Summer is coming! Are you ready to sew a swimsuit?
I remember taking a swimsuit sewing class in college, and I was completely amazed at how easy it was to sew a swimsuit and how little fabric it required. It was one of my very favorite classes, and after that class I wanted to sew ALL the swimsuits. I have sewn plenty of swimsuits, and I love making one every time I get the chance.
Since I took the class AND have sewn lots of swimsuits, I’ve learned lots of tips for successful swimsuit sewing that want to teach you today! There is a video showing ten tips to sew a swimsuit and how the fabrics stretch at the end of the post.
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Tips to Sew a Swimsuit
1. Use a stretch needle* and stretch twin needle*. This is very important since it will work the best with fabrics with lots of stretch. These needles have a rounded point so they don’t break the fibers, and they have a deeper shank in the back for more space to catch the thread.
2. Cut with a cutting mat, rotary cutter*, and pattern weights. Swimsuit fabric and lining is stretchy and slippery and really hard to cut. This is the easiest way to get the most accurate cut.
3. Use clear elastic* or treated elastic. Chlorine and salt water is really hard on elastic and over time it’ll remove the elasticity. I prefer clear elastic because it’s thin and change even when sewn on.
4. Learn about the different swimsuit fabrics and linings. There are multiple kinds of fabric and linings so you need to learn about each other them.
- Polyester Spandex* – more expensive, less stretch, better returnability, longer-lasting, less available
- Nylon Spandex* – less expensive, most stretch, loses shape over time, easily snags and runs, easy to find, and most common.
- Swimsuit Lining* – The cheapest and most available swimsuit lining.
- Power Knit* – Not recommended to use everywhere, but it works well for a little bit of shaping.
5. When sewing elastic into a circle, overlap the ends and pin parallel to the edge. This is the easiest way to keep the ends together while sewing. It’s tricky to sew something so slow. I use a zigzag stitch multiple times to sew my ends together.
6. Use a lining. I don’t know about you, but I prefer complete coverage and no sneak peaks. The best way to insure this is to use a lining. It also helps your swimsuit last longer.
7. Make a muslin out of your swimsuit lining. You want to have a swimsuit that fits perfectly, but you’ll need to make a muslin to test the fit. When you make a muslin out of swimsuit lining it’s much cheaper than your swimsuit fabric.
8. Learn about different stretch stitches and when to use them. Test which stretch stitch you like the best. I prefer a tight zigzag for seams, a serged edge to finish all the edges, and a 3-step zigzag to attach elastic.
9. Your swimsuit should have negative ease. There isn’t a formula for this (at least I’ve never found one), but you want a fitted swimsuit since it will stretch out a little in the water.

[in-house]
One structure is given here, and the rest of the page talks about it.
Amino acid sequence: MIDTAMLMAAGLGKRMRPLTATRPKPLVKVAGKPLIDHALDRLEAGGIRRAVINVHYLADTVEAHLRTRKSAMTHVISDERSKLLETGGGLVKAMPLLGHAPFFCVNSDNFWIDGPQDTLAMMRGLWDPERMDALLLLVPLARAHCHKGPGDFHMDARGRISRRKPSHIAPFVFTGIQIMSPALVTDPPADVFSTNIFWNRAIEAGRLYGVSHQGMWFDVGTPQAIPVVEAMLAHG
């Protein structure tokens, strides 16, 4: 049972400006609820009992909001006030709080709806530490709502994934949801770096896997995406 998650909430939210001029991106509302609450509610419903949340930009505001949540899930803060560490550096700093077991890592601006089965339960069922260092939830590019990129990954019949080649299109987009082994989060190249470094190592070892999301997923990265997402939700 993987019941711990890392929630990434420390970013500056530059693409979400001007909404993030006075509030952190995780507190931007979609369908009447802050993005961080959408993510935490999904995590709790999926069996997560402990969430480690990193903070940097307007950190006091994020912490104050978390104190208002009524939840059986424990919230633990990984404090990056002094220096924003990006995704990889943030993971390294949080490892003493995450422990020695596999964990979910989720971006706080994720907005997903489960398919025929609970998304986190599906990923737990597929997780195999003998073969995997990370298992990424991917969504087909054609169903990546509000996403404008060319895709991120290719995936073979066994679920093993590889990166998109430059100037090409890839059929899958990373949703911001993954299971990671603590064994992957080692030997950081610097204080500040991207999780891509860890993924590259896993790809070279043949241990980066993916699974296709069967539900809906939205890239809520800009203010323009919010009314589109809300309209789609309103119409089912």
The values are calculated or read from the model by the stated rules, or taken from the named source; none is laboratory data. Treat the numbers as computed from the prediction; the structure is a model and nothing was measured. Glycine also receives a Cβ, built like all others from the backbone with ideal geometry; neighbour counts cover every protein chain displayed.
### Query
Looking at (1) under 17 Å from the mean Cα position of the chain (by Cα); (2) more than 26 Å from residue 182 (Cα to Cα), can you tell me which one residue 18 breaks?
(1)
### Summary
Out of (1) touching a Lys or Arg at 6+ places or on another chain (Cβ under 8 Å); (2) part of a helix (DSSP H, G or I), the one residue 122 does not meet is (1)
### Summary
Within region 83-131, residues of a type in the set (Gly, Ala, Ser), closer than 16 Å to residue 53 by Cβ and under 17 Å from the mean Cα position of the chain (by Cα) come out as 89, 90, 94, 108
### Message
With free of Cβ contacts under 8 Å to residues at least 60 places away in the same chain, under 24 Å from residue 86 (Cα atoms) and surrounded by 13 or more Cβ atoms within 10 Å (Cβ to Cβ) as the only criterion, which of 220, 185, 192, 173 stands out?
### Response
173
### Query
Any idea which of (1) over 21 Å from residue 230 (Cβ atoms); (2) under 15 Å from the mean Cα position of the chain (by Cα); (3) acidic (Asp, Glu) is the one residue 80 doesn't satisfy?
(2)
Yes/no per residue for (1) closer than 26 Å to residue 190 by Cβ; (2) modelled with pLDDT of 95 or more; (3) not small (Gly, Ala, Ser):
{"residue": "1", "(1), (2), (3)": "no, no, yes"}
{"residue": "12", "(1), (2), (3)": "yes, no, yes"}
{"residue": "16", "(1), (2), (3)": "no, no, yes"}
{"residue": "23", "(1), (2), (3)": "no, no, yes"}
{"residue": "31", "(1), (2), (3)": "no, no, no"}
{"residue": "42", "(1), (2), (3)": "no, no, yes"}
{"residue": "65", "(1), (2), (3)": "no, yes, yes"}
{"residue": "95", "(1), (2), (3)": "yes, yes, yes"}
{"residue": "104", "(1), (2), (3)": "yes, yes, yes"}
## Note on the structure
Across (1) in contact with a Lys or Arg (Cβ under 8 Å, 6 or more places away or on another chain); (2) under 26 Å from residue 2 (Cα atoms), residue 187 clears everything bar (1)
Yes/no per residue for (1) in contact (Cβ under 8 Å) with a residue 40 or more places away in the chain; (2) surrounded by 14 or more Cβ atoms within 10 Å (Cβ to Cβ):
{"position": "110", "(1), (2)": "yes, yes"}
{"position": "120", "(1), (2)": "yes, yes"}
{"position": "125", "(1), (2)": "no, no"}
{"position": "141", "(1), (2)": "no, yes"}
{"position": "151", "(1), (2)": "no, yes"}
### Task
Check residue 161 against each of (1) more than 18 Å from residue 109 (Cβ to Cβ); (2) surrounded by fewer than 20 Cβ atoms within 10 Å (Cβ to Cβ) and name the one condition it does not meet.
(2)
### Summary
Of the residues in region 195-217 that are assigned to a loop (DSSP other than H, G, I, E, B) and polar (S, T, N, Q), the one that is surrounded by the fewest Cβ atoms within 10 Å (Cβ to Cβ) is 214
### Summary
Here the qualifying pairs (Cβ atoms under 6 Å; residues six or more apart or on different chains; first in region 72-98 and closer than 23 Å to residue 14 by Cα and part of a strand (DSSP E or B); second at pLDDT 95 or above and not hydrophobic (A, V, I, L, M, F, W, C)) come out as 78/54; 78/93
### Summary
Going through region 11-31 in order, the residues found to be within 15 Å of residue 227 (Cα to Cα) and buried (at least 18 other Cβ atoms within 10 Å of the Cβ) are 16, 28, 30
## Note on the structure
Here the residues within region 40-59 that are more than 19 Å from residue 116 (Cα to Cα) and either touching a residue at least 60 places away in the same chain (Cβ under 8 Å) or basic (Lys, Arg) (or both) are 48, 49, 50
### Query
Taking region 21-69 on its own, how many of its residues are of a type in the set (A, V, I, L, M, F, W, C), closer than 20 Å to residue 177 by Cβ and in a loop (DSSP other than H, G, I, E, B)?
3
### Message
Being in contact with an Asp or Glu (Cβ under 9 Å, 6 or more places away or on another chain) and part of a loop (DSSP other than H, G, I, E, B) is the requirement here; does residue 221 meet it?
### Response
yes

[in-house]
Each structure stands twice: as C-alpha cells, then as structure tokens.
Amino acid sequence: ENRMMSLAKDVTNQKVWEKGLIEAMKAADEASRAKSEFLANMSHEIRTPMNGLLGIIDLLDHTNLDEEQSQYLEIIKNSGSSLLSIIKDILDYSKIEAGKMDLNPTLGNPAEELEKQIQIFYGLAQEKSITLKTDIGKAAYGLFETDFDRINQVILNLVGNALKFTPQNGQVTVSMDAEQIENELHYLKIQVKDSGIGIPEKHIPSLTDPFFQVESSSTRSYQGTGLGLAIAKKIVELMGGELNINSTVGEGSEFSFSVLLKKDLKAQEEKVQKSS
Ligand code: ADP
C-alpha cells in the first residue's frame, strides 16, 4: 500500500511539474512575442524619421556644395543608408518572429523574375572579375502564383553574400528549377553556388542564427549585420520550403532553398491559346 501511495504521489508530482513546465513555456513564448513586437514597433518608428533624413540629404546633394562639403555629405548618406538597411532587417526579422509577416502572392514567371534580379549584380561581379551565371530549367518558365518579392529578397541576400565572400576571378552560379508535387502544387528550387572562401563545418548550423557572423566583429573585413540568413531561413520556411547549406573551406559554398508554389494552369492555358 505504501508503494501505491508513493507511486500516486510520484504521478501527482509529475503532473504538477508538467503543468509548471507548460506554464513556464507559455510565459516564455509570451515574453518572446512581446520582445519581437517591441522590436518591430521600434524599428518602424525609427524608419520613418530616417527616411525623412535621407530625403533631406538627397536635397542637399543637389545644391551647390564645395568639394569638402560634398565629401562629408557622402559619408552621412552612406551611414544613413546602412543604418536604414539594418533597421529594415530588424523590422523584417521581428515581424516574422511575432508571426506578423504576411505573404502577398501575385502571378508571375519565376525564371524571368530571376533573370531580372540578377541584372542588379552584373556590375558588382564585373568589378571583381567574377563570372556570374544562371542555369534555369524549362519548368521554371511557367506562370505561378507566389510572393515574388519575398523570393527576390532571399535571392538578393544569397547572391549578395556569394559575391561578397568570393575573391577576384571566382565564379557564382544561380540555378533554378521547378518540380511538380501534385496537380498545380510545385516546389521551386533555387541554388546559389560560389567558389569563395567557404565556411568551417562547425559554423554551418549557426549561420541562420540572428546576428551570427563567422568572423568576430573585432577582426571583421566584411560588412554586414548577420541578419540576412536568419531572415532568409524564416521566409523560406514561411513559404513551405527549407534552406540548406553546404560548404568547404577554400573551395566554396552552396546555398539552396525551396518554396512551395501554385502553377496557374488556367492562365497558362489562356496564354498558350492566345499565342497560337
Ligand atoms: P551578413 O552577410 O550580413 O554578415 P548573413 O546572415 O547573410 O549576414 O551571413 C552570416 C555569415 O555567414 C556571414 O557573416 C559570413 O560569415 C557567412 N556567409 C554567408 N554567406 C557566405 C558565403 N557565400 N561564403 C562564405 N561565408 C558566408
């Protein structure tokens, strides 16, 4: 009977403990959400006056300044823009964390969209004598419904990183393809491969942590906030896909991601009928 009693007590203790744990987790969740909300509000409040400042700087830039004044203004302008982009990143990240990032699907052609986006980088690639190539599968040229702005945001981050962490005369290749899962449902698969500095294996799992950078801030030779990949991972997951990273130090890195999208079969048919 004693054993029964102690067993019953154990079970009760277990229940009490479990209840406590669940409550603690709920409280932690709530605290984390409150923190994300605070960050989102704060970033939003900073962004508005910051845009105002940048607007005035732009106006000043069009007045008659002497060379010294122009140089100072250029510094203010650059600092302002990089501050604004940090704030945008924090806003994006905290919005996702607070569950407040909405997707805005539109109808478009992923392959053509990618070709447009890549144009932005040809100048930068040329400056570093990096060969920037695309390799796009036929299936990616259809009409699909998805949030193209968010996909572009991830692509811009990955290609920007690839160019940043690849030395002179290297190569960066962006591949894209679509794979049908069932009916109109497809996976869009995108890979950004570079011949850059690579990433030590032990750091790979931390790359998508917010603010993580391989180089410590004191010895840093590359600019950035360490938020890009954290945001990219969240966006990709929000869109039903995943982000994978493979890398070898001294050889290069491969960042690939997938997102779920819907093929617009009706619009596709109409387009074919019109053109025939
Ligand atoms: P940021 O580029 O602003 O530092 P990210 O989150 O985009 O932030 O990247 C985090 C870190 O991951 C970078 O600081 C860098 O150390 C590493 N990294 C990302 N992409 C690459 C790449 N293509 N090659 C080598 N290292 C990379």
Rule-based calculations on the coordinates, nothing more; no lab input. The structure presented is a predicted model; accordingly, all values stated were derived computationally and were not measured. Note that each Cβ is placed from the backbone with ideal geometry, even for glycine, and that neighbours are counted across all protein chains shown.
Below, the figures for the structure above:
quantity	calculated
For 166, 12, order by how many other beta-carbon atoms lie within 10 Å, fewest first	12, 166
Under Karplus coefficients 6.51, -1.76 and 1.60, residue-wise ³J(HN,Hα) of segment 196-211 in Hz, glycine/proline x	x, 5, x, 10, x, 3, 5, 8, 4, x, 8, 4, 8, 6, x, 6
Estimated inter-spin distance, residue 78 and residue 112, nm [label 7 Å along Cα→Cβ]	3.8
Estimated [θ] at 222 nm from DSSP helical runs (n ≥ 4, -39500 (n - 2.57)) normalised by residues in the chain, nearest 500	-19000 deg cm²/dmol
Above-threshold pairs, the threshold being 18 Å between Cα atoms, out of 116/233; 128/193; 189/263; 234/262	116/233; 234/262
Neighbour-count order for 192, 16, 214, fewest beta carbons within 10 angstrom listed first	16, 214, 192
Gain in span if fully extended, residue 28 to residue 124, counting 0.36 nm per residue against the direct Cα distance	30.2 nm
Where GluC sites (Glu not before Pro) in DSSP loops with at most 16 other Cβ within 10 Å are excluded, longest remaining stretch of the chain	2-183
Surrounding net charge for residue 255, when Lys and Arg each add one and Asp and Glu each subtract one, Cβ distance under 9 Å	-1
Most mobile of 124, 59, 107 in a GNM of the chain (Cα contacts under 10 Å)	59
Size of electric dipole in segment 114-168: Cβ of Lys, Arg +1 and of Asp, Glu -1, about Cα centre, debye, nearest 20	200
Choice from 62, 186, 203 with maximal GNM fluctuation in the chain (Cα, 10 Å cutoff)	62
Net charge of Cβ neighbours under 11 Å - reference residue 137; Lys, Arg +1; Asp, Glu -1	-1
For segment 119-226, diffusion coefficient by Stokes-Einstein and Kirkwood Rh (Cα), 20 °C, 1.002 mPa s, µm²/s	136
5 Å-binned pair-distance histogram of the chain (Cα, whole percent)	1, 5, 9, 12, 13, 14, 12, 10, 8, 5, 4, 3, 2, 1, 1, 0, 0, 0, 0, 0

10. Practice practice practice – make samples to practice sewing with fabric. Make a sample with stretch stitches and your swimsuit fabric with the lining. Make a sample by pinning the elastic to the edge.
Make a sample with your swimsuit fabric and lining and attach some elastic. I like to use a 3-step zigzag to “baste” it on and then I serge the edge of the fabric and elastic.
Make a sample with your elastic attached to your swimsuit fabric. Fold the elastic over and secure with a twin needle.
11. All straps should have elastic hidden inside to give it strength and returability. Trust me, I tried making straps without elastic and it didn’t keep up my swimsuit!
12. Add swim foam cups* as late as possible so you can try it and get the right placement. I like to add my cups right before I close the edges with elastic. This is the latest possible time to add them.
13. Once the swim foam cups* are attached to the lining, cut out the swimsuit lining in the area of the cups to prevent flattening. Can you see the raw edges of the lining on the edge of the cups? I cut out the lining that was within the edges of the cups. If you leave lining in it’ll flatten you chest and make the cups obsolete.
14. If hemming the edge, use Soft Stretch for a perfect hem. I only use it on swim shorts, a tankini hem, or a swim skirt. I don’t use it on the edges where I attach elastic. Soft Stretch prevents tunneling and creates a crisp hem.
A great place to start out sewing swimsuits is with the Kwik Sew’s Swim and Actionwear* because it comes with all the basic patterns you need. Once you learn what alterations you need to make and the basics of sewing swimsuit fabric, you can alter the pattern as much as you want to get your dream swimsuit!
Would you like to see how these fabrics move and stretch? This little video can explain some of the tips better than pictures.